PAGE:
Tuesday, May 01, 2012

Little Shop of Horrors

If I had any houseplants, I would not feed them after seeing what happens with Audrey II, the strange plant intent on world domination.

“Little Shop of Horrors,” the new musical at Sacramento Theatre Company, is a musical adaptation of the 1960s Roger Corman science fiction movie of the same name, with book and lyrics by Howard Ashman.
Directed by Michael Laun, and choreographed by Jerald Bolden, this is the story of a strange plant from outer space that finds its way into a Skid Row flower shop, owned by the blustery Mr. Mushnik. The plant is nurtured by Seymour Krelborn, a nerdy shop clerk who likes to experiment with plants and who is madly in love with the naive and somewhat ditzy shop girl, Audrey.

Seymour sees the chance to transform his life and win the heart of Audrey when the curious plant flourishes under his care. The plant, which he names “Audrey II,” is actually a talking creature from outer space and the only way to keep it alive is by feeding it human blood.

When Seymour becomes anemic from Audrey II’s nightly feedings, he is forced to find alternative sources of nourishment for the plant, drawing Seymour into a web of greed and deception that spirals out of control. The results are both hilarious and harrowing.

Andrew J. Perez leads a marvelous cast as Seymour. With his wire-rimmed glasses, tennis shoes and timid demeanor, he makes a perfect nerd, who is determined to save this pathetic, dying plant (“Grow for Me”), and then feeling growing dread as he realizes what the plant needs to eat (“Feed Me”). He can also be tender, in his profession of love to Audrey (the girl) in their duet “Suddenly Seymour.”

Jessica Goldman totters about the stage on ultra high heels, a bit top heavy with a prominent decolletage and a longing to get out of Skid Row and move to “Somewhere That’s Green.” She is victim to her abusive boyfriend, the evil dentist Orin Scrivello (William Elsman), who regularly beats her up, but she feels she doesn’t deserve anything better because she has “a past.” Goldman gives Audrey a beautiful air of vulnerability and innocence.

You have to wonder what sort of dental experiences Ashman had in his youth, given the sadistic antics he has written for Dr. Scrivello. William Elsman is evil personified as he gyrates around the stage in black leather, alternately taking quick sniffs of laughing gas and wielding a huge drill with which to work on Seymour’s mouth.

Elsman not only plays Scrivello, but several other characters as well, male and female, and is listed in the program as “Orin and everyone else.”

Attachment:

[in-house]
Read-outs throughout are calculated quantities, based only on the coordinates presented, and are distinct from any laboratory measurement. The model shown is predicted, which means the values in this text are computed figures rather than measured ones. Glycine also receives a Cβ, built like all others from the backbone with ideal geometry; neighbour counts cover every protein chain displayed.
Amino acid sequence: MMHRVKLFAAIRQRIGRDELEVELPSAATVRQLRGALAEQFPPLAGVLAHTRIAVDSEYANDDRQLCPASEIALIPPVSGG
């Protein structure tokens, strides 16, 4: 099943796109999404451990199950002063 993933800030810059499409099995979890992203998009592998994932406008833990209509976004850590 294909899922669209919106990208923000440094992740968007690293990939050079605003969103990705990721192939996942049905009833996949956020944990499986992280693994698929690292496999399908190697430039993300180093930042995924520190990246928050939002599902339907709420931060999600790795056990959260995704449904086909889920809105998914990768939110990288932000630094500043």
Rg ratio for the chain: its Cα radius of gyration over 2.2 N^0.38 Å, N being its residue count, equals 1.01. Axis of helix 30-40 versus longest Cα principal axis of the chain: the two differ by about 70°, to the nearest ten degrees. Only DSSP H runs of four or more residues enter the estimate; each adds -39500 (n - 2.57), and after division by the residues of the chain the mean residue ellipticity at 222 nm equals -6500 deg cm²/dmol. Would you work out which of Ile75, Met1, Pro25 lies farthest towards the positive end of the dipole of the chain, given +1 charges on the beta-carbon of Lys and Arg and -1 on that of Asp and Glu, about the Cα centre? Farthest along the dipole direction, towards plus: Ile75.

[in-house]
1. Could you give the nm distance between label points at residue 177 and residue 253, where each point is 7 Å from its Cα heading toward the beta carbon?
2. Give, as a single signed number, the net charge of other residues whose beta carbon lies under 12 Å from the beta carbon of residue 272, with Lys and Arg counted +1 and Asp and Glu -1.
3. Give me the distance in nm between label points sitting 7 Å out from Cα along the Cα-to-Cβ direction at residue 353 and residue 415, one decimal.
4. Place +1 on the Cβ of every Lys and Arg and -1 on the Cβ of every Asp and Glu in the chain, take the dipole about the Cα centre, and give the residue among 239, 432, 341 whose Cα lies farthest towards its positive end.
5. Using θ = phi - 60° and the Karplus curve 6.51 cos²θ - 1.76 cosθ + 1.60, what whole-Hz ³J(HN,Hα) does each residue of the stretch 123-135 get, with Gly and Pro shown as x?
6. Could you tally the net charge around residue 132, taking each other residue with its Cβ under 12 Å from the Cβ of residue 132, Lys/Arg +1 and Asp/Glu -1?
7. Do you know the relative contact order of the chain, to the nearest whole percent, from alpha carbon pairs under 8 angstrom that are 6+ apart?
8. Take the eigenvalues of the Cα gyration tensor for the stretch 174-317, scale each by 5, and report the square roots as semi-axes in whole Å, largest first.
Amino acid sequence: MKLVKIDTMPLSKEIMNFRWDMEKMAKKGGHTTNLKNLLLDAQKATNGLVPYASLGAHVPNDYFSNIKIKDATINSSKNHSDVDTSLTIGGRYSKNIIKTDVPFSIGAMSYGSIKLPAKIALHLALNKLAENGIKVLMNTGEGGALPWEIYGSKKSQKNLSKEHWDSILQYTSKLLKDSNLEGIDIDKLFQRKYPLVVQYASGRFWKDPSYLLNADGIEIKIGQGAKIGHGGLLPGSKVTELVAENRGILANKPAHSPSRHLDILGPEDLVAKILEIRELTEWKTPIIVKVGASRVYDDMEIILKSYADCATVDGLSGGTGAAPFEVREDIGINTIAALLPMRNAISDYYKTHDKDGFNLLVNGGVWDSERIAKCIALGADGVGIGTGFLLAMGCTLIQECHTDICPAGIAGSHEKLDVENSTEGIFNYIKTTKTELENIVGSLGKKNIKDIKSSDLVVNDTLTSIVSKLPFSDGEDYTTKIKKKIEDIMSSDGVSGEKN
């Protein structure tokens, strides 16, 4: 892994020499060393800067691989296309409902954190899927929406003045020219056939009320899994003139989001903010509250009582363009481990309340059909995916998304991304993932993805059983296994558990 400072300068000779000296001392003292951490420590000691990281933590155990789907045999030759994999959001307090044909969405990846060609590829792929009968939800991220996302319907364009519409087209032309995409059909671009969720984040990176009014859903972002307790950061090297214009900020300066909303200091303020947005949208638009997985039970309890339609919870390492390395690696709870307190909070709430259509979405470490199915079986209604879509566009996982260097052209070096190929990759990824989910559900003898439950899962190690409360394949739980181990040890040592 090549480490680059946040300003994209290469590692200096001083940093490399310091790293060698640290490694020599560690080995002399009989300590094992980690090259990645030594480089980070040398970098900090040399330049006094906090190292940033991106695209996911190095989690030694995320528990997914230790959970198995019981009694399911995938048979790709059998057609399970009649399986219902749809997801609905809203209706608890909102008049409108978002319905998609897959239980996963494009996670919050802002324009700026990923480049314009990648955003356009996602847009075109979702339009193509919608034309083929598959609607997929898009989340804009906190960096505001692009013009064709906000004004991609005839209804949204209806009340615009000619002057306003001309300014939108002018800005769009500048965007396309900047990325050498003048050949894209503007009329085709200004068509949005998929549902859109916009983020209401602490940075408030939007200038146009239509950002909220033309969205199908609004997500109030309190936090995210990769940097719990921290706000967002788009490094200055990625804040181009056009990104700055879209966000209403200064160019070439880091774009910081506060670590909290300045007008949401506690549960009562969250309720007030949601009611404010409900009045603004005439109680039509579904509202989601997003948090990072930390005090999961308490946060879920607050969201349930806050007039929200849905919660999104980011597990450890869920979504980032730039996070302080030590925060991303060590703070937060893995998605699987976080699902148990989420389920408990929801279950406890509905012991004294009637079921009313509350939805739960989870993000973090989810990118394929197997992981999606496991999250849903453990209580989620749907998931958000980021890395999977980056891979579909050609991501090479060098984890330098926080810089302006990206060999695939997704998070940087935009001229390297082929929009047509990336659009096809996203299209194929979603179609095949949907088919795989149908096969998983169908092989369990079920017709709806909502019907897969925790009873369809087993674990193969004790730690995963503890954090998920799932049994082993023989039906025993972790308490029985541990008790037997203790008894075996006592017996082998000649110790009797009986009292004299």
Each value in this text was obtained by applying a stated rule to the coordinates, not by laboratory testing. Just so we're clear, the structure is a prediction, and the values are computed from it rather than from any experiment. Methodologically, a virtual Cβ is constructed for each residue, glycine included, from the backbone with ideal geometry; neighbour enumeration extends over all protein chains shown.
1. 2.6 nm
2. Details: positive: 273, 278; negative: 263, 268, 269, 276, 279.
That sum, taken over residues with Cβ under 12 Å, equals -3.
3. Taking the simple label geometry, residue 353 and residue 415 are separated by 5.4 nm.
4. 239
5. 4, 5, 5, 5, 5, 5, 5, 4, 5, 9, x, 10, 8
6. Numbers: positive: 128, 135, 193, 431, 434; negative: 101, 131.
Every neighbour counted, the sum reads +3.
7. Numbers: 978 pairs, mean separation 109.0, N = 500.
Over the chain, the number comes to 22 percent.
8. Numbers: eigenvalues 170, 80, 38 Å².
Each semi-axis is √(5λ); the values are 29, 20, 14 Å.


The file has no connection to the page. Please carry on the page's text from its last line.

Michael R.J. Campbell plays Mr. Mushnik, the flower shop owner who plucked Seymour out of an orphanage and gave him a place to sleep (on the floor of the shop, under the desk) and allows him to have one Sunday off every two weeks. I love Campbell in just about everything he does, and he does not disappoint in this role.

There is a sort of Greek chorus of school dropouts who hang around the flower shop and keep the audience up to date with what is happening. Crystal (Miranda Lawson), Ronnette (Ure Egbuho) and Chiffon (Gabriella “Ella” Isaguirre) keep the action moving and each has a moment to shine. Lawson, in particular, displays a great set of pipes whenever she steps into the spotlight.

But with all this talent, the show really belongs to Audrey II, the plant whose size increases with every scene. Jeffrey Lloyd Heatherly is the booming voice of the plant, at times frighteningly commanding, at other times deceptively whining and pleading for help.

Aaron Hitchcock is the man who really brings the plant to life and gives it such character. He is assisted by Tom Block, Javen Crosby, Daffyd Wynn and Garrick Sigl.

Music is by a small, unseen four-piece combo led by conductor Dan Pool. The wonderful set is by Jarrood Bodensteiner, with lighting design by Jessica Bertine. Jessica Minnihan’s costumes are fun — from the drab, nondescript outfit of Seymour, to the provocative dresses of Audrey, to the glitz of the do-wop girls.

Michael Laun has created a tight, fast-paced production that never fails to delight. “Little Shop of Horrors” is a lesson of what can happen when you wish for it all, get it and then have to deal with the consequences.

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